Brooks Bromley, a developer who grew up in Portland, met his wife, Cellie, at Grant High School in 1972. They owned and operated the Lunch Den in Hollywood before developing a commercial property at 1910 N.E. 40th Ave. “Hollywood was home; we enjoyed good memories and felt comfortable there,” said Bromley. After a chance meeting with architect John Perkins, Bromley collaborated to build the Hancock-40, one of Hollywood’s first ground-level retail building with condo residences above. “We were planning to live in the new building, but once it was completed, we discovered we weren’t ready for condo living,” said Bromley. By fall 2003, seven of the eight residential units were pre-sold.
Pat Knott owned a house in Hollywood for 17 years before moving to The Beverly, 2025 N.E. 44th Ave., which houses 53 units above Whole Foods and Chase Bank. Initially built as a condo complex in 2008, the Beverly was converted to apartments when the condo market crashed the same year. “I enjoy the diversity of The Beverly residents who range in age from young working people to retired folks like me,” said Knott. She loves the convenience of living in Hollywood and decided to sell her car, bought a senior bus pass and relies on Zipcars. She also enjoys meeting neighbors for coffee at Wholesome Blends, 4615 N.E. Sandy Blvd., and likes the GF Chef (Real Food Gluten Free food cart on Northeast Sandy near 52rd Avenue.
Texas transplants Steve and Betty Colburn who moved to Hollywood from Austin, Texas where they’d lived for 30 years, appreciate the neighborhood’s diversity. “We see all sorts of flora and fauna of people from the dining room window inside our Northeast Halsey Street stucco home,” said Steve.
Steve, a consumer electronics business dealer for Triad, lobbied to work in Portland where the speaker equipment is manufactured. When he transferred to Portland, Steve began working in product development and training; “Mind and ears are in a lot of products,” he said. This job involves working with Triad engineers to evaluate prototype speakers.
Wise Counsel & Comfort
Lynne Joy Nesbit, born and raised in Portland, established Wise Counsel & Comfort in December 1999 and lives in Hollywood with her husband, Roger Nesbit, a retired natural resource attorney with the U.S. Department of the Interior’s solicitor’s office in Portland. After obtaining a master’s degree in counseling from Portland State, Nesbit sought to provide affordable counseling services and credits a counselor with inspiring her to go into the field. Nesbit discovered she could sublease office space to help pay for overhead costs. During the past decade, she expanded by leasing 18 office spaces throughout Portland, with one-third located in North/Northeast Portland.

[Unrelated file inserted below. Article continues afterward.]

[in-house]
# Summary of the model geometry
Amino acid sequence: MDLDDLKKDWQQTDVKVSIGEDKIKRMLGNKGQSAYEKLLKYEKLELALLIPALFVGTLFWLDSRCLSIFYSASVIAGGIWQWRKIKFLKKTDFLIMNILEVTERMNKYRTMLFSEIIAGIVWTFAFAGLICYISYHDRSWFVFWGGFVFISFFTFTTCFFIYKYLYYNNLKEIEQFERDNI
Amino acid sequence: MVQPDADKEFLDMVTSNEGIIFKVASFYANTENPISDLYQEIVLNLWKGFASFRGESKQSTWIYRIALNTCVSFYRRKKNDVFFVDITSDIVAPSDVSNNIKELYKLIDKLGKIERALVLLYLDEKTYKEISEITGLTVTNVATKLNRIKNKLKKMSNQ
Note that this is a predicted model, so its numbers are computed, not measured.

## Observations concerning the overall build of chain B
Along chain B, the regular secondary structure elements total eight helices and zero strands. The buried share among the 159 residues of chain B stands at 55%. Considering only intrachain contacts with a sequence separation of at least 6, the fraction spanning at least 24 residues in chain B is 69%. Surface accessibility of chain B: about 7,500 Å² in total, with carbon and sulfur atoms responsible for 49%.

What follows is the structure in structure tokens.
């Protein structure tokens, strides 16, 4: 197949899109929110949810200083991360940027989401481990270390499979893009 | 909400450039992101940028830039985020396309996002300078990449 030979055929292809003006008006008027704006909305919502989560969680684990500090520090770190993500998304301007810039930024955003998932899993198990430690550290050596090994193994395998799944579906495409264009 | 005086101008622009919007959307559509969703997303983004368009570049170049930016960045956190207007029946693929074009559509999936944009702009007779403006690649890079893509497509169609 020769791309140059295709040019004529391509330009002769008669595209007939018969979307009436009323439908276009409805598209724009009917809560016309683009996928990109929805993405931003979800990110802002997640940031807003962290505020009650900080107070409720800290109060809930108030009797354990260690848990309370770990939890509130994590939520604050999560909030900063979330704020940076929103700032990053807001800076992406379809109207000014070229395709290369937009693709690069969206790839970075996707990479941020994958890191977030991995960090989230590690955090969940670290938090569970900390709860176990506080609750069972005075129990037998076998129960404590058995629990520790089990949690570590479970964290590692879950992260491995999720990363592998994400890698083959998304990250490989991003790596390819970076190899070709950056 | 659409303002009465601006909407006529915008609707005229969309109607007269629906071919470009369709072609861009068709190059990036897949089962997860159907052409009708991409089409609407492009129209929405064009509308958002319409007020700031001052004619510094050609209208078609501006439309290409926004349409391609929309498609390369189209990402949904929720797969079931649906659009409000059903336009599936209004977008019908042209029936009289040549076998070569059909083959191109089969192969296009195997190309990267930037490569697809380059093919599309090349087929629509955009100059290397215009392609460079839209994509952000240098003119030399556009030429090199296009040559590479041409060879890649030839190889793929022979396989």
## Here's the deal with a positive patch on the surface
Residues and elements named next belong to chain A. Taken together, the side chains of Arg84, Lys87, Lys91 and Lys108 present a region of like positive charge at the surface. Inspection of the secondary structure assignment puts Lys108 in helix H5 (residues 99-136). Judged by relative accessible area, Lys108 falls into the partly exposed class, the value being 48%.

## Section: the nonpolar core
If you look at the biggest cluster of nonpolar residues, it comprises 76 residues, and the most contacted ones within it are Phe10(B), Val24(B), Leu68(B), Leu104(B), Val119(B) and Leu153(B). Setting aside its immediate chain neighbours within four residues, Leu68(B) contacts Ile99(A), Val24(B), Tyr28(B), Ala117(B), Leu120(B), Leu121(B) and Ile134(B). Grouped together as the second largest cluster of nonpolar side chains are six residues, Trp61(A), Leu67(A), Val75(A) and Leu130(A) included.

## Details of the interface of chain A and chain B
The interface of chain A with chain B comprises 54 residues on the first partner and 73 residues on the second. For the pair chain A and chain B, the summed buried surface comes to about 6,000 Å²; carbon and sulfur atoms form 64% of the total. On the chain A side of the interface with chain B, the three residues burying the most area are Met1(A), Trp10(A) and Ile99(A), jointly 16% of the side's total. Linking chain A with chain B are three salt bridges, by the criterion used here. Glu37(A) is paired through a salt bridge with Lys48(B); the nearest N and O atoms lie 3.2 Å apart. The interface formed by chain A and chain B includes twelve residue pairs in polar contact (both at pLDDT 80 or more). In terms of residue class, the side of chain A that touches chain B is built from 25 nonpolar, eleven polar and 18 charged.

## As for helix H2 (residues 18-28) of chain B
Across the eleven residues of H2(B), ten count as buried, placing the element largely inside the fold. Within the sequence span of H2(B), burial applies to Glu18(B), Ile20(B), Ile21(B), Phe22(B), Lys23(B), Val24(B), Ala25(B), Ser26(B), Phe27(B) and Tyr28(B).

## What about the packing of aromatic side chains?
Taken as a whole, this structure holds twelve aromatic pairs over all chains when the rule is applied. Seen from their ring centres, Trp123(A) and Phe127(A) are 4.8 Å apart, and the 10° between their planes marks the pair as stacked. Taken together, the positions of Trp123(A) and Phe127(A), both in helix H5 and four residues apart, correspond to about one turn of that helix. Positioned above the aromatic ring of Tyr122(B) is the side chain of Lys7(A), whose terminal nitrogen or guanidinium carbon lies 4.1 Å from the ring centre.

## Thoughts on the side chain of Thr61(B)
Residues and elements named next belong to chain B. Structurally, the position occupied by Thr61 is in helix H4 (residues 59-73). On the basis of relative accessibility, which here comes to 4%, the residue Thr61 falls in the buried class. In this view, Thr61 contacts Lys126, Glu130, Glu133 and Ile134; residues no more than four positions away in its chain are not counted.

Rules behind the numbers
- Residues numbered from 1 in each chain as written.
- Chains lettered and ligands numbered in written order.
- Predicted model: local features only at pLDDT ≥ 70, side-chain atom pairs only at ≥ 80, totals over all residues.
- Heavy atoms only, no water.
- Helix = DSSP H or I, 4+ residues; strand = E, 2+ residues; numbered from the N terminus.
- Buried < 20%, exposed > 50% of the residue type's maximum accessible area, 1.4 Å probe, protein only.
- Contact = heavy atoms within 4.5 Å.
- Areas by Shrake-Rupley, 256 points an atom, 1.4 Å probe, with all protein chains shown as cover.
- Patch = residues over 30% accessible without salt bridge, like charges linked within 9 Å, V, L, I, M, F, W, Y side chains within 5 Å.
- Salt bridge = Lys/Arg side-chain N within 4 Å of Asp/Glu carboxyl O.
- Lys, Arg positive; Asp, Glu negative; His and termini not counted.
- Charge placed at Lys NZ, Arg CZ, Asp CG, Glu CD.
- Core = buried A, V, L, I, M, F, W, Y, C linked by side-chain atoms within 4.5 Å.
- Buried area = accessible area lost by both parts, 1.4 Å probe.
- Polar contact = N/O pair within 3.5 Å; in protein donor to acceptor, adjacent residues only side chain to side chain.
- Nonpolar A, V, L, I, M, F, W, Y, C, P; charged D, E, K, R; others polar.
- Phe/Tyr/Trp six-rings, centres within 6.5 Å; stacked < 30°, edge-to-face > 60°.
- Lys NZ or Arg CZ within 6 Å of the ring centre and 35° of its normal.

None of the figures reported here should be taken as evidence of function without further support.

Wise Counsel offers a full range of licensed professionals (counselors, social workers, psychologists). Of Wise Counsel’s 126 counselors, between eight and ten are wellness professionals exempt from licensure. They include life coaches, pastoral counselors and nutrition counselors.
A key to Nesbit’s business model is keeping services affordable for low- and middle-income uninsured clients by using a sliding-scale fee structure. Nesbit offers practitioners reduced rents if they keep their client costs between $25-40 per session. She enjoys bringing in new counselors who stay an average of one to three years, then leave to start their own business. Nesbit then replaces them with a new crop of counselors and the cycle repeats.
“Every conceivable issue causing emotional pain or distress is addressed at Wise Counsel,” said Nesbit, “whether it takes two appointments or weekly appointments for a month or longer.”
“Lynne’s intention to serve community is key to making health care affordable,” said Roger, “and I’m very proud of all she’s done to realize her dream.” Their newest location opens this month in Milwaukie. For more information: Visit portland-therapist.com or call (503) 282-0182.
Hollywood Neighborhood Association
For the past eight years, Jo Schaefer has held various offices and chaired the Hollywood Neighborhood Association (HNA). “I’ve learned more than I ever expected about city planning and land use,” said Schaefer, who grew up on a 62-acre farm in Helvetia, Oregon. She values the sense of community and neighborhood in Hollywood. The HNA has worked hard to involve residents in the 2035 Comprehensive Plan that will impact Hollywood’s future. Schaefer has forged a working relationship with the Hollywood Boosters to co-sponsor community events such as National Night Out and the annual Veterans’ Day parade and celebration. For more information: Visit hollywoodpdx.org.
A project replacing 21,300 feet of sewer pipes that are on average 100 years old and failing, is expected to start by June 2015 and last a year. For more information: Visit portlandoregon.gov/bes/hgp.
December’s column is dedicated to Hollywood Hank, the standard Boxer whose adventures were chronicled in The Hollywood Star News for five years. The canine ambassador enjoyed featuring a variety of Northeast Portland business owners, and he always brightened their day.
Look for the Rose City Park neighborhood to be featured in January.